DeRosier's life has been with cars
"You need to find your niche in life, It doesn't matter what it is and it doesn't matter how much money you make," said St. Joseph resident Doug DeRosier.
DeRosier has definitely found his niche. He has worked on body work and paint jobs for automobiles for over 42 years. Though he has been doing it since junior high, he is not sure how he decided it was for him.
"I've thought about that, but I just like it," he said, "It's just something I really enjoy and have passion about."
Growing up he worked at Pudge's, the family restaurant owned by his father Harold. He worked on old trucks with friends in his spare time.
"They were pretty awful," he said, "but I got the hang of it."
DeRosier could think of 50 or 60 old cars that he has restored. However, one stands as a clear favorite, his 1936 Chrysler C7 Airstream Rumble Seat Convertible.
"That's the queen of the fleet. You can look and look for years and never see one," he said, "I go to a lot of car shows and people ask what kind it is, because they've never seen one."
DeRosier estimated he puts around 300-400 hours of restoration into each car. While painting is his favorite part of the project, he says it is a small portion of the work.
"This involves welding, bodywork and prep. The best paint job, if you don't prep it right, isn't worth anything."
That statement shines through in his sanding. While most find it to be the most tedious job, DeRosier says he will sand something six or seven times before he paints it.
"I've wore out so many sanders," he said, "I don't mind it because I know what it involves. It's quiet and peaceful and you can see the result when you're done."
"I enjoy it and it doesn't seem like work," he said.
That's probably because DeRosier has a full time job teaching auto body at St. Paul College, his alma mater. He never thought he would get into teaching, but found a liking for it when he substituted a few times for someone he knew.
"I ended up liking it. When he retired I applied for the job and got it."
He enjoys working with the students.
"I like all of it, new faces and new ideas, and hopefully we can find them jobs."
As the market keeps improving, DeRosier said he can place jobs most all of the committed students that work hard every day.
He preaches the mantra of finding something you enjoy to all of his pupils.
"That's the best thing I can tell kids, pick out something you like."
DeRosier returned to school in the early 2000's, where he received his teaching degree from UW-Stout. He talked about his philosophy when working with students that are new to auto body.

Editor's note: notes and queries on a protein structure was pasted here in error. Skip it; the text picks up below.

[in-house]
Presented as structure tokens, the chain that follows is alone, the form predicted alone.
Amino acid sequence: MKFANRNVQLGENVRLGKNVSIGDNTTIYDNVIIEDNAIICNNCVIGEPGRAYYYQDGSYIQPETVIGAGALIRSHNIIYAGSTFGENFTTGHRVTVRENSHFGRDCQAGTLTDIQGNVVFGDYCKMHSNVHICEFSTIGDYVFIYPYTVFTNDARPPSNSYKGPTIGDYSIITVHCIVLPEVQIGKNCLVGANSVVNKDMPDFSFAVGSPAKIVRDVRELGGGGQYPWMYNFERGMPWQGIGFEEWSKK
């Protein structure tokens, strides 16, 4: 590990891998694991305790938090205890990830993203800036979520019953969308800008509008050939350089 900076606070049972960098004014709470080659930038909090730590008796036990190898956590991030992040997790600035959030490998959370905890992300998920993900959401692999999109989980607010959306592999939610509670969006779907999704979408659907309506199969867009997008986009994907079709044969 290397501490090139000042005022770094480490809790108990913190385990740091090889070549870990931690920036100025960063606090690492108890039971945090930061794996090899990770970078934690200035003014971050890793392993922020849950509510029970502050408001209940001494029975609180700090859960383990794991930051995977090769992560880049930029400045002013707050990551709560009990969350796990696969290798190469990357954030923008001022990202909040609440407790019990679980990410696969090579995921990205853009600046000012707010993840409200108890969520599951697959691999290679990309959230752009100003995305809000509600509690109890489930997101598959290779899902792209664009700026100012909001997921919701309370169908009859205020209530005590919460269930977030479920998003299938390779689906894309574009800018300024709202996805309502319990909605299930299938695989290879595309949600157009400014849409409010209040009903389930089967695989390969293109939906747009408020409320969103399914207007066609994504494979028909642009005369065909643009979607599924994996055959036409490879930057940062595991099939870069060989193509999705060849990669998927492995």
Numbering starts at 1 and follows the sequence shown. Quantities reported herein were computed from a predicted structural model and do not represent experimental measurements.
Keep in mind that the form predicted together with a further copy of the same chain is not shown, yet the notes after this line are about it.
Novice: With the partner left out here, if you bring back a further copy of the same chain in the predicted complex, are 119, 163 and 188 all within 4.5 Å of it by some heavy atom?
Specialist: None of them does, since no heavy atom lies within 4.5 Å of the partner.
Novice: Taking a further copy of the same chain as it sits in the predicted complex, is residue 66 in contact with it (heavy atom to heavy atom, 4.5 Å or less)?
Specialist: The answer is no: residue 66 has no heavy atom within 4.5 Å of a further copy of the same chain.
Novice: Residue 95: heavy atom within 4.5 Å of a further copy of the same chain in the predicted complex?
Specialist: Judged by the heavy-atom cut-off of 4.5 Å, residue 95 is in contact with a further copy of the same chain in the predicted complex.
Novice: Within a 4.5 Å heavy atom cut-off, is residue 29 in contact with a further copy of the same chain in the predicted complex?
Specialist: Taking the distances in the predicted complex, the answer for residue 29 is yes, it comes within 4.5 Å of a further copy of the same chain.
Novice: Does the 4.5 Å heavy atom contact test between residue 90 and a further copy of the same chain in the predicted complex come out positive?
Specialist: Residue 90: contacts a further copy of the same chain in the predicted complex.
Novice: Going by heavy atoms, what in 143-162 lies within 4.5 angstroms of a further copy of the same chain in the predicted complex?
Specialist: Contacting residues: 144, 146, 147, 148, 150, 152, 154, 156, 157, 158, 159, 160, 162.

"When teaching students, you have to back up the bus and start at zero," he said, "you have to teach to the lowest level and build them up."
DeRosier went back to work on Monday for the new school year, something he was excited for.
"I'm looking forward to going back," he said last week, "It's been a very interesting career choice."
He is very grateful to have his health. DeRosier has faced multiple bouts with cancer. He was diagnosed with testicular cancer in 1978 and just recently had two major procedures to fend off another round.
"I had chemo and all that and survived it," he said, "33 years later, I get cancer again, but they fixed it."
"I feel great, it's amazing," he said.
While DeRosier knows he could make a business out of his hobby, he prefers to simply sell off most of his projects to finance new ones. He calls it a "labor of love."
"It's been very rewarding. It's nice when you get done with something and you can say, 'I did that.'"
He also doesn't mind taking his cars out for others to see. He said he often gets asked about the car's model and year.
"I like talking to people about them. It's something to break the ice."
DeRosier, a member of the Minnesota Street Rod Association, takes his vehicles to various car shows. Though he has won numerous trophies and even had his cars featured in magazines, he is not consumed with the awards.
"I don't get super excited about winning one. If somebody's never won one, I would rather see them win it," he said.
However, when asked about his Chrysler's performances at the shows, DeRosier admitted, "That's easy to win with. It's so unique."
He prefers to limt the number of projects he works on at one time. DeRosier said he only plans out future projects by one or two cars at a time.
"You can't work on these at the same time because pretty soon it's out of control," he said.
His next endeavor is a 1938 Ford Truck.
DeRosier has enjoyed family support through everything from his wife Laurie, son Paul, daughter Gwen, and even his dog Misty. Paul enjoys working on paint jobs as well.
DeRosier doesn't see himself hanging up his "heavy-duty hobby" anytime soon.
"Not now that I feel good," he said, "You need to have something to do. You can't just watch TV all the time."